Living Lent Well

By Chris Sparks

Be who God meant you to be and you will set the world on fire — St. Catherine of Siena.

It’s that time of the liturgical year again: Ash Wednesday, and the opening days of Lent.

And this year, it promises to be a Lent to remember.

The world is turning its eyes to war in Ukraine — the Marian Fathers in Ukraine are feeling the consequences of Russia’s war of aggression. COVID continues to hold the world in its weakening grip — hopefully, we’re almost out of that mess. The state of the world is one of turmoil and disorder, of darkened intellects and weakened wills all imperfectly grappling with the waning days of the errors of Russia. We are moving ever closer (we pray) to the full Triumph of the Immaculate Heart, prayed for by Pope Benedict XVI at Fatima in 2010.

Darkness and Light
So we enter Lent in a time of extraordinary darkness and of extraordinary light, with the immense dangers of war, pestilence, death, and famine shrouding much of the world, but also with the immense graces and lights of the Sacraments, of Scripture, Tradition, and Magisterium, of science and reason used rightly, of the Divine Mercy message and devotion, of Marian devotion, especially the Rosary, the First Saturdays, and consecration to the Immaculate Heart.

And more — we have the works of mercy to do, all aflame with life in the Spirit, if we perform them in the state of grace. We are sent by God to catch the rest of the world on fire with eternal life and divine love, with God’s own presence and power, making everything a Sacrament, which is a consummation devoutly to be wished. By the free collaboration of grace and nature, of God and man, of the world with the One who made it, all that is may become life giving, mediating love, oriented toward Heaven, and no longer a highway to hell.

Lent is a rekindling of that fire in our hearts, our minds, and our lives. In Lent, we turn again to the Source of all that is good, leaving behind that which is bad. We take up God, and set aside the pale imitations of God. We renew ourselves in the waters of life in the graces of Confession, and with the radiant food of the Eucharist. We become light by receiving the Light of the World, which the darkness does not comprehend, does not encompass, and cannot overcome. We become conformed to the divine will through prayer, fasting, and almsgiving, setting aside our sins and even lesser goods in order to allow ourselves to burn ever more brightly with divine charity, with Love, who is Life, who is God.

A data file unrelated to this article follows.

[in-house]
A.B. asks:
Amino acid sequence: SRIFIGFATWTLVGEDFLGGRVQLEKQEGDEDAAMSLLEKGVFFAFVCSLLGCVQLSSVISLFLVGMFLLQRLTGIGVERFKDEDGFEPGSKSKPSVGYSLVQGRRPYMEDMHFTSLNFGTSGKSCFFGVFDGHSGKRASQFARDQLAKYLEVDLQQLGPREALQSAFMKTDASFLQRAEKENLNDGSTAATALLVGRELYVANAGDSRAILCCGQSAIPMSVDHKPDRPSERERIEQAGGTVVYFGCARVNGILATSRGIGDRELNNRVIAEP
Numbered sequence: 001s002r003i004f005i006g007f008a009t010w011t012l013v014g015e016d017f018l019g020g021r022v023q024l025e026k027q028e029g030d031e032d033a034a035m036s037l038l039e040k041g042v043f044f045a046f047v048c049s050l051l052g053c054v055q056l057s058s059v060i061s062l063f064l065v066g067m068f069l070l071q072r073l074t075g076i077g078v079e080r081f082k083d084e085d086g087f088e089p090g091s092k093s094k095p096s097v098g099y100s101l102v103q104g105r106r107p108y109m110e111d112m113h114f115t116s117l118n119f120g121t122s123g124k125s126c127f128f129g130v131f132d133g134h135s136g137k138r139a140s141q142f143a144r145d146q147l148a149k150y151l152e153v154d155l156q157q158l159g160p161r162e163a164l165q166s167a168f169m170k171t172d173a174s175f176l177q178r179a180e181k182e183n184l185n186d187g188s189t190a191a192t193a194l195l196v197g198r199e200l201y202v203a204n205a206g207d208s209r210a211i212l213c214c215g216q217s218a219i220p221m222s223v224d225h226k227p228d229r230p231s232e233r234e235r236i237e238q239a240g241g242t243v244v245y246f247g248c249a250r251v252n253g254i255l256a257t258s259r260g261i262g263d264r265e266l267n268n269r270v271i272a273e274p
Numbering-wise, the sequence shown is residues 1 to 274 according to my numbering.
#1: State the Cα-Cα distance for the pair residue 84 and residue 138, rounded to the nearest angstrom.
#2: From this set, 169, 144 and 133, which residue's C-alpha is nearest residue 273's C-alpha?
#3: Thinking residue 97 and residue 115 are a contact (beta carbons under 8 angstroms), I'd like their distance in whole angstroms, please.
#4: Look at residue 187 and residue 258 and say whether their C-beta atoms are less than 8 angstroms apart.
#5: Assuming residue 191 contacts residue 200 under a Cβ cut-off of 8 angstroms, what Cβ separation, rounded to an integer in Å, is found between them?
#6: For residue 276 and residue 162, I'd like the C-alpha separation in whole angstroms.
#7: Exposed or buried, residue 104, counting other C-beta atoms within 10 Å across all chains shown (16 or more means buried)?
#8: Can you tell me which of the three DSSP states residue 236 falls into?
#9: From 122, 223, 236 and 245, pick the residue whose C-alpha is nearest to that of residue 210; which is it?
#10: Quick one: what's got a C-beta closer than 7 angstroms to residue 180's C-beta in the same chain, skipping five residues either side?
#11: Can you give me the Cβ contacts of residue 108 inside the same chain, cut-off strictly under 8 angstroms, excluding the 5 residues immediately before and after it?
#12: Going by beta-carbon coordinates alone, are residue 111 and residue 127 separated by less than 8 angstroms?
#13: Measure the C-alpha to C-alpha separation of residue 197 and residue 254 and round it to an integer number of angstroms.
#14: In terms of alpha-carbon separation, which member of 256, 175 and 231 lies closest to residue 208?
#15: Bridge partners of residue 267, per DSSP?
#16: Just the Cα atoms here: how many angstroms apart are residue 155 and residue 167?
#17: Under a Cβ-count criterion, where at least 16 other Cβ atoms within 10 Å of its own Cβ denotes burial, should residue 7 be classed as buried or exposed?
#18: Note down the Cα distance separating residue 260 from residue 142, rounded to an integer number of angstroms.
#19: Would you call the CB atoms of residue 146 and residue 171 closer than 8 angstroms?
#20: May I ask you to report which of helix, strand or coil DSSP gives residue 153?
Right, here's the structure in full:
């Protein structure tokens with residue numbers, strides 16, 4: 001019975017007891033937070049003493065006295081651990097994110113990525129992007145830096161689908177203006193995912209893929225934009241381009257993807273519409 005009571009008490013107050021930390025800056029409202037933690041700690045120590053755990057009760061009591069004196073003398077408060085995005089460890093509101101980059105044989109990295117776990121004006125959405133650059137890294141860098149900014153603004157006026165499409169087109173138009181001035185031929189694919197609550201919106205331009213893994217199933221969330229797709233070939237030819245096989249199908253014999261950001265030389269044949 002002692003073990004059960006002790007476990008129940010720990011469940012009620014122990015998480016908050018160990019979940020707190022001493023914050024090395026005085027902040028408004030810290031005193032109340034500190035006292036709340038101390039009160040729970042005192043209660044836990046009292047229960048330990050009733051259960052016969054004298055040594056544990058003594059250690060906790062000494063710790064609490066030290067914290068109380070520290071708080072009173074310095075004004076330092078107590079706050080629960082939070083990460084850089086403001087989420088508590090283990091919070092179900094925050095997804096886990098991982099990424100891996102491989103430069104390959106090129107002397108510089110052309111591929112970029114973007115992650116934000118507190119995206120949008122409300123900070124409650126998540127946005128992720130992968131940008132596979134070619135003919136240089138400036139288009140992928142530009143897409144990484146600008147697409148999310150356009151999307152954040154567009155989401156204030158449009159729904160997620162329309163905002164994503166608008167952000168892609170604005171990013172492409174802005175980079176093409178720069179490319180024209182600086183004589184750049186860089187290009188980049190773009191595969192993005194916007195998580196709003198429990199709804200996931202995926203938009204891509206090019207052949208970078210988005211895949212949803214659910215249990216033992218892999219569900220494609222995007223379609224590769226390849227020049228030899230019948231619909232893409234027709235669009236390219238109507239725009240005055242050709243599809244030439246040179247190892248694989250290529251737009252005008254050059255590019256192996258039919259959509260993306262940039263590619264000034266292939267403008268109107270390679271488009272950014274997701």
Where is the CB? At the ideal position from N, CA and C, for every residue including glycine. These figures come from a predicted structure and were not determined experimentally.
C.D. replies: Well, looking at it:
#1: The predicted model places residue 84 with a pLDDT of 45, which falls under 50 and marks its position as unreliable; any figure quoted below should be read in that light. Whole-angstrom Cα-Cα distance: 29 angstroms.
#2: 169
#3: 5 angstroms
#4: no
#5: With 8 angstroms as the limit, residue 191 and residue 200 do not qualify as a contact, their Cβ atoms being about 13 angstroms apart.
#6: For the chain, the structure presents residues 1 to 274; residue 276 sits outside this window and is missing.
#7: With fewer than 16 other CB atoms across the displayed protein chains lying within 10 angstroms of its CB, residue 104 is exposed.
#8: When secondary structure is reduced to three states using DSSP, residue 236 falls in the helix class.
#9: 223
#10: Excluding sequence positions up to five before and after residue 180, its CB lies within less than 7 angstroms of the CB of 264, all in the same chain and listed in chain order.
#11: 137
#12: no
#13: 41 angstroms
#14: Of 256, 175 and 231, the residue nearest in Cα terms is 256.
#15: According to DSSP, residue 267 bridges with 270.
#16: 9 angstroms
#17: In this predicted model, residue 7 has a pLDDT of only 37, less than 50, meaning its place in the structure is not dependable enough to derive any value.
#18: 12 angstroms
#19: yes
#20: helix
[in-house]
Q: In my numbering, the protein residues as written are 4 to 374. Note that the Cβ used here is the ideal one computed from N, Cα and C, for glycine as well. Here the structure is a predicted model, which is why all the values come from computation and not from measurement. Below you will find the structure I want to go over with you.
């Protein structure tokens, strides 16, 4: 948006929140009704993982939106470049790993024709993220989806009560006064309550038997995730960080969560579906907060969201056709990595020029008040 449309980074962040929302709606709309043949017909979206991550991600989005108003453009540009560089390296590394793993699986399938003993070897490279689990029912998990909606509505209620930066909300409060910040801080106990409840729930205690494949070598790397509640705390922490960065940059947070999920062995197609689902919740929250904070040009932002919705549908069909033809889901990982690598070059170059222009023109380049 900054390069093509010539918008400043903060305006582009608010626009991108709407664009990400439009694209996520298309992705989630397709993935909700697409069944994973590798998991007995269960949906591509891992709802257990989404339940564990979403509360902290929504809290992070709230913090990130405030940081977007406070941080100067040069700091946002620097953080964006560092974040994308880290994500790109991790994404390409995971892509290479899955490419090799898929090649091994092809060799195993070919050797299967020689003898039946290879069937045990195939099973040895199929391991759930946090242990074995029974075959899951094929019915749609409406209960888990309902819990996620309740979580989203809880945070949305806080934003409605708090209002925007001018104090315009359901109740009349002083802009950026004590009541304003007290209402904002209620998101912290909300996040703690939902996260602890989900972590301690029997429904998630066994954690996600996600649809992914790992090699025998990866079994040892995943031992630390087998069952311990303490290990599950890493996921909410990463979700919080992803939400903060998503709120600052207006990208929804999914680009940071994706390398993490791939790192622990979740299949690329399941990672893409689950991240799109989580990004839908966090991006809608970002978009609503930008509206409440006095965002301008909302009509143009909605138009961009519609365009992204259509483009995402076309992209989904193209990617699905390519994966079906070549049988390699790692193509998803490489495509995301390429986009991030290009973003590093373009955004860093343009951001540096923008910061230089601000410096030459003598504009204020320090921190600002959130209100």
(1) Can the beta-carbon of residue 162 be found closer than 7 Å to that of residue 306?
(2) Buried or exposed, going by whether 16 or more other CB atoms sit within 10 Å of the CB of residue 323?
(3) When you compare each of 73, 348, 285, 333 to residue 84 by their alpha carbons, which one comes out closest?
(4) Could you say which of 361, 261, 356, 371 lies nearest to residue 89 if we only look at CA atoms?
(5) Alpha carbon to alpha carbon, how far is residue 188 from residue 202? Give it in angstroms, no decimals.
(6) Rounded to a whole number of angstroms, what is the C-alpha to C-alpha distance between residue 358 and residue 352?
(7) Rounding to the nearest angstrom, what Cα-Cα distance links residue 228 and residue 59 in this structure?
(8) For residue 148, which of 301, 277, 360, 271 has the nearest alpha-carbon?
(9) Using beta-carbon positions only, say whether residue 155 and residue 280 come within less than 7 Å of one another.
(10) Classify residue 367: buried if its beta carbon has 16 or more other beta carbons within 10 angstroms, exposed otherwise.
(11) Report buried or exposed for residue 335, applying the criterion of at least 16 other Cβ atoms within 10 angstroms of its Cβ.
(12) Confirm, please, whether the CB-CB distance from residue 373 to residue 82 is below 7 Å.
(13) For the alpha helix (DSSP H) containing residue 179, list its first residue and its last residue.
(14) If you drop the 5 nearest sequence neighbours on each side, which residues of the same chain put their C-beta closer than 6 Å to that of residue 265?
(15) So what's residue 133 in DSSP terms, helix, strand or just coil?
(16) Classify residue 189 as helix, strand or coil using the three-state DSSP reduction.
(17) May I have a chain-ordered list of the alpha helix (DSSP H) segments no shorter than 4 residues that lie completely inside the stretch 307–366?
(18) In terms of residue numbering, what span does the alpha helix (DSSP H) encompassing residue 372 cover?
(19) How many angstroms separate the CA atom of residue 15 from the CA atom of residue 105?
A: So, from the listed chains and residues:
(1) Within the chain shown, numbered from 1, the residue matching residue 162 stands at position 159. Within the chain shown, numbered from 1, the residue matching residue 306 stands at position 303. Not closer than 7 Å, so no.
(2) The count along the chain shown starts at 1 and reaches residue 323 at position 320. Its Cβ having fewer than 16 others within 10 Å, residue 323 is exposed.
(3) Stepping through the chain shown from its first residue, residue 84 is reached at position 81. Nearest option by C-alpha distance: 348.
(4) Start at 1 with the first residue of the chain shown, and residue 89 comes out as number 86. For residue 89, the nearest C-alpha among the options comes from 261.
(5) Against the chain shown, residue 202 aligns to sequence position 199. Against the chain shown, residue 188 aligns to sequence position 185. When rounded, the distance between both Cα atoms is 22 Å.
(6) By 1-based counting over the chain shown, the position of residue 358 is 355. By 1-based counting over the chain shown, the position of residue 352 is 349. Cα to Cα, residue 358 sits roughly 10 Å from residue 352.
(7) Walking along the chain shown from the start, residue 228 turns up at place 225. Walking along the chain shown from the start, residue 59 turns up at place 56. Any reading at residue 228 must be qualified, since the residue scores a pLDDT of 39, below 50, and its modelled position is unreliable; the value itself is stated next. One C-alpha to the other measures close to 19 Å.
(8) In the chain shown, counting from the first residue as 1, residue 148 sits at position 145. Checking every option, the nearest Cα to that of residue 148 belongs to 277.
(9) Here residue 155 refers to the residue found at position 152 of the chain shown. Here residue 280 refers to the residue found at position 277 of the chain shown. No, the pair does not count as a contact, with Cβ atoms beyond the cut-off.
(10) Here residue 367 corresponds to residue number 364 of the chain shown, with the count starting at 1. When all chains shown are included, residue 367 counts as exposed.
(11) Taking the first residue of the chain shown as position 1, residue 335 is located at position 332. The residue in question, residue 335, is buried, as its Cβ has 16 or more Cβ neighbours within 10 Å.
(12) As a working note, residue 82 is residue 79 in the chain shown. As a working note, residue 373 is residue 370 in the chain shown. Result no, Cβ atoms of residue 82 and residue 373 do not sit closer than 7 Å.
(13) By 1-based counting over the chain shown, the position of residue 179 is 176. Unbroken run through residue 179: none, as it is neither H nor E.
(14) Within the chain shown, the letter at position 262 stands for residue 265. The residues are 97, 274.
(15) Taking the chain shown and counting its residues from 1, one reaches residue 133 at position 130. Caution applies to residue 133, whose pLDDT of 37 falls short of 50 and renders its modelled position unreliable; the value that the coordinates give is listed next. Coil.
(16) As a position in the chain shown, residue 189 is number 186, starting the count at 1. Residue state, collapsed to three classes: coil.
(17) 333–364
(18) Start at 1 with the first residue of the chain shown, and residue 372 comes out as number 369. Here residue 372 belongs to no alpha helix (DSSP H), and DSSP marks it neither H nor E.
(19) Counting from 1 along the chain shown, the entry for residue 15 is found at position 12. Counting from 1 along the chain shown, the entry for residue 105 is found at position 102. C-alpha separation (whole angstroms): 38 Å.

We are torches
We are not simply on a quest to fulfill a checklist (though if lists help your Lenten pilgrimage, make them — I probably will). Instead, during Lent, we are torches returning to the Fire that blazed before the first star ever shone, allowing ourselves to be rekindled, restored to full blazing radiance.

We are sons in the Son, returning once again to the House of the Father to receive His mercy, eat at His table, and find strength for the journey.

We are salt, miraculously restored to full savor, such that the whole earth will know the difference we make just by being Christian, by living in the Spirit.

We are signs and wonders when we allow God to dwell in us, to work through us, to shine, and season, and resurrect, and heal, and strengthen.

We are words pointing to the Word when we listen to Jesus, hear His voice, and are changed by the One whose words first created light where there had been only darkness, nothingness.

Lent is the time when we become who we were born to be, when we put off illusions, set down nothing, and take up Something, Someone, Reality itself, Goodness itself, when we choose God over the false gods of this world.

"So be perfect"
“So be perfect, just as your heavenly Father is perfect” (Mt 5:48), which means, “Be merciful, just as [also] your Father is merciful” (Lk 6:36), according to the late, great Fr. Seraphim Michalenko, MIC. Be flame, as God is flame. Be light, as God is light. Be salt, as God is salt. Be a word of truth, justice, mercy, and love, as God is Word, Truth, Justice, Mercy, Love.

That means conformity to the will of God, which of course means obedience to the Bride, to Holy Mother Church. Saint Faustina’s Diary makes that abundantly clear.

Then I heard the following words in my soul: You will receive a greater reward for your obedience and subjection to your confessor than you will for the practices which you will be carrying out. Know this, My daughter, and act accordingly: anything, no matter how small it be, that has the seal of obedience to My representative is pleasing to Me and great in My eyes (Diary of Saint Maria Faustina Kowalska, 933; see also 28).

Turn to Life
So this Lent, as dictators kindle war, pestilence takes lives, famine afflicts the poor, and death seems to stalk the earth, let us respond by turning to Life, to Jesus Himself. Let us embrace our Lenten penances as the life preservers they are. Let us flood the zone with grace, with truth, justice, love, and mercy, with devotions and spiritual reading of sound Catholic classics, with works of mercy for our neighbors, prayers for the conversion, salvation, and sanctification of our enemies, and generosity to all in need.

Let us live Lent, not just as a stoic quest for individual perfection, but as an act of generous love to God, neighbor, and ourselves.

Pray for me, that I may practice what I preach. I’ll pray for you.

Chris Sparks is the author of the Marian Press book How Can You Still Be Catholic? 50 Answers to a Good Question.

Photo by Linus Sandvide on Unsplash



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